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Creating a small town buzz in the Big City

by Maja Rehou, commissioned by Just Business People Magazine (British Columbia)

It’s easy to connect with others in a close knit community like the Sunshine Coast where everybody knows each other and small businesses thrive on word of mouth referrals. However, building rapport in a big cosmopolitan city is a much harder task. But that is exactly what a young graphic designer named Faith Seekings did. President and Creative Director of Rapport Communications & Design Inc., a boutique graphic design and communication firm in the heart of Toronto’s historic district, Seekings has created a buzz in the entrepreneurial community.

A graduate from George Brown College in 1997, Seekings first began her career as a graphic designer working for Market Partners.  After a couple years Seekings’ boss discovered that her black Lab Spaniel cross was left at home while she was at work and said “why don’t you just bring him in.” Seekings loved the idea and Buddy soon became a regular fixture in the office. Buddy passed away in 2004 but Faith continued the tradition with her new canine companion Candy who is often seen in the reception area of the firm on her back waiting for a tummy rub.

After outgrowing Market Partners, Seekings moved to a small start-up but was soon laid off. At the time she says, “I was totally devastated. All I knew was that I needed a full time gig. When people suggested I try freelancing I thought they were nuts.”  But she persevered and eventually met a fellow graphic designer named Neil. He needed someone to pick up his extra design work and in exchange would share his office space and equipment. From taking on freelance work Seekings eventually took over the whole space when Neil left. This is where Seekings says “I was eased into running my own business.”

Watching Neil try to make it on his own, Seekings learned what worked and what didn’t when it came to running a business. She says “I was very lucky to have Neil’s advice and guidance early on.” The biggest thing she learned she says, “was that I couldn’t just sit and wait for work to come to me. I had to go out there and find it myself.” Realizing that no one was going to find her hiding in her office, she looked for places to meet prospects. She discovered networking and joined CAWEE (The Canadian Association for Women Executives and Entrepreneurs). Seekings loves meeting people. “Networking and relationship-building are a natural for me,” she says.

Seekings says “running a business was an awakening for me. I discovered a whole other side to myself. It also made me realize I was completely addicted to being independent and in control.”

After being on her own and liking it, ambitious, Seekings wanted to grow her business. Her client list was getting bigger and her clients were looking for more than just graphic design services. Seekings understood that to grow, “Faith Seekings” could no longer be the brand because she says “it gave people the impression that I was small or on my own as a freelancer.”  The uniqueness of her name was also an obstacle because as Seekings jokes “prospects thought they were being recruited into some kind of cult”. So in 2007 she decided to rebrand her firm to a name that could be easily marketed by other members of her team. But finding the perfect name that truly represented her firm was difficult.  Seekings reminisces about how during a collaborative session her photographer Mondo “just threw the word rapport out there.” “It stuck,” she says and in 2007 Rapport Communications & Design Inc. was born.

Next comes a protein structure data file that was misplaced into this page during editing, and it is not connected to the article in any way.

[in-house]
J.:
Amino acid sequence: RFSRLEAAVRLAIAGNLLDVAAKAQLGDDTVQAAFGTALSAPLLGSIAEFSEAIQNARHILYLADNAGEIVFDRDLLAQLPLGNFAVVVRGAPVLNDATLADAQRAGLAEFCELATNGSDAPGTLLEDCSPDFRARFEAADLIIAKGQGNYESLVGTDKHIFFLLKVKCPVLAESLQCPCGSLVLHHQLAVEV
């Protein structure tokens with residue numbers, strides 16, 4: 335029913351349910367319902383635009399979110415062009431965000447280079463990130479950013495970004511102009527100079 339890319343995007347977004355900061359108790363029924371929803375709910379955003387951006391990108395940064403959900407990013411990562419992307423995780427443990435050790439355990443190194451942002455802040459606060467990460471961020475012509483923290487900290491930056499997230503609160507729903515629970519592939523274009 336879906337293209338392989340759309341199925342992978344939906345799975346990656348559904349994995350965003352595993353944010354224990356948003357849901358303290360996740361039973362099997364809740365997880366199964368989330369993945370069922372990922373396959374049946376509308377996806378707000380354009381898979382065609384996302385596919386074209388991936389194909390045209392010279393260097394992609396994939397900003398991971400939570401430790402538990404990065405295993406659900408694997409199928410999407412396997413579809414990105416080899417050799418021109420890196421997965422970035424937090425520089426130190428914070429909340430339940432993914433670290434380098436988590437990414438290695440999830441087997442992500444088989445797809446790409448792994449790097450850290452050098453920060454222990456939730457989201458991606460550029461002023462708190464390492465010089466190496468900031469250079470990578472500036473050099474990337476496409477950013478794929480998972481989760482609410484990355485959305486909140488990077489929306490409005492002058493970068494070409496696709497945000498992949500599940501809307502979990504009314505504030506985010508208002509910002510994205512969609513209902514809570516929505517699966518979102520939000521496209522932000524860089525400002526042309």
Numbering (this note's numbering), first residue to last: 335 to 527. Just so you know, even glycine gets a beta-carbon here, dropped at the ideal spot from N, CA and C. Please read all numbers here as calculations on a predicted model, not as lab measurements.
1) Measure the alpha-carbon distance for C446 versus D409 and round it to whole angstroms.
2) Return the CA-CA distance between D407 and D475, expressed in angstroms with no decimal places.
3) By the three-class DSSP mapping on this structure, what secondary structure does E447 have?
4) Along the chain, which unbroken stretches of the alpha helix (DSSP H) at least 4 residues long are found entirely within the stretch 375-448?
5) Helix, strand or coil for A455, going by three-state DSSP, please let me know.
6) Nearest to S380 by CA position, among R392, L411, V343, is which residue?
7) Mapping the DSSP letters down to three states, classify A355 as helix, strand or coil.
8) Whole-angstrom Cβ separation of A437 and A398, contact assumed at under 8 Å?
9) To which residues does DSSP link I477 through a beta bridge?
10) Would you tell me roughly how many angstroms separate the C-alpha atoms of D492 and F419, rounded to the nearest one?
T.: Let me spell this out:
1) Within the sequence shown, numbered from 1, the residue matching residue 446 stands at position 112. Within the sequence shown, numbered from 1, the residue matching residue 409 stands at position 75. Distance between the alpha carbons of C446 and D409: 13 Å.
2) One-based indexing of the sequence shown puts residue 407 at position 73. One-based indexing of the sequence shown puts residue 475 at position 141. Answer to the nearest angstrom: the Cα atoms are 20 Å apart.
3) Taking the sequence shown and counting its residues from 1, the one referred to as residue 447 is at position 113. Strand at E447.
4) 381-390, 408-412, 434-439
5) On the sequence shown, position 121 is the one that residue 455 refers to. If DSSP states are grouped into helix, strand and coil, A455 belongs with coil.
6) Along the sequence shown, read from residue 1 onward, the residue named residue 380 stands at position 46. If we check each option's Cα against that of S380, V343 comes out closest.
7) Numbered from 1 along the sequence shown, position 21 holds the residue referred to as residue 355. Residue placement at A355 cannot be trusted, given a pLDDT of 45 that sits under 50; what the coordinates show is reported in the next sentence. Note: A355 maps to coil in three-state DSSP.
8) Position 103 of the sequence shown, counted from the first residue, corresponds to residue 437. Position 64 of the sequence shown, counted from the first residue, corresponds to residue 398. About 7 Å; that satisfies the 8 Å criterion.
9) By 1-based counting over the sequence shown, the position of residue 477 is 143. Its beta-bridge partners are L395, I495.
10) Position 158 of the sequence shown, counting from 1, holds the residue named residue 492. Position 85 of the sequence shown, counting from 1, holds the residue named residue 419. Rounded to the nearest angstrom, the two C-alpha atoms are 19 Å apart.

The challenges she faces running a business Faith says, “are dealing with things outside my area of expertise such as cash flow and growth.” As more clients came on board she started hiring staff to take on the extra workload but she says she was “just winging it.” She says “it was all suddenly more complicated and I needed to learn how to make it all work.” She was referred to Judi and Nick Hughes founders of Your Planning Partners, a firm that provides workshops, tools and strategies to help small enterprises grow their businesses. It was through them that she was introduced to Bill Tibbles, the owner of a well established graphic design firm. Bill was succession planning and looking for a way to retire. Seekings was looking for a way to grow – a perfect match. Faith soon bought his business and with Bill on board for five years, they operate like partners.

Why has Seekings’ business done so well in an extremely competitive marketplace? Seekings says “my clients trust me and really appreciate the intuitive sense I have of their businesses.” They also like being greeted by a wag of the tail in a quaint little 175 year old building in the heart of the St. Lawrence Market. It’s like being a part of a small community. “Clients aren’t just numbers on invoices they are people I genuinely want to help succeed,” Seekings says.

Seekings not only has rapport with her clients, she also has a strong relationship with her staff. Every Friday they get together for drinks at a local pub to unwind. During the summer months they have also been known to set sail on the harbour on one of her client’s sailboats.

Seekings now has a staff of nine. When asked if she wants her business to continue growing she says “If I got too much bigger I would no longer be as close to my clients and staff. I would inevitably lose rapport.”

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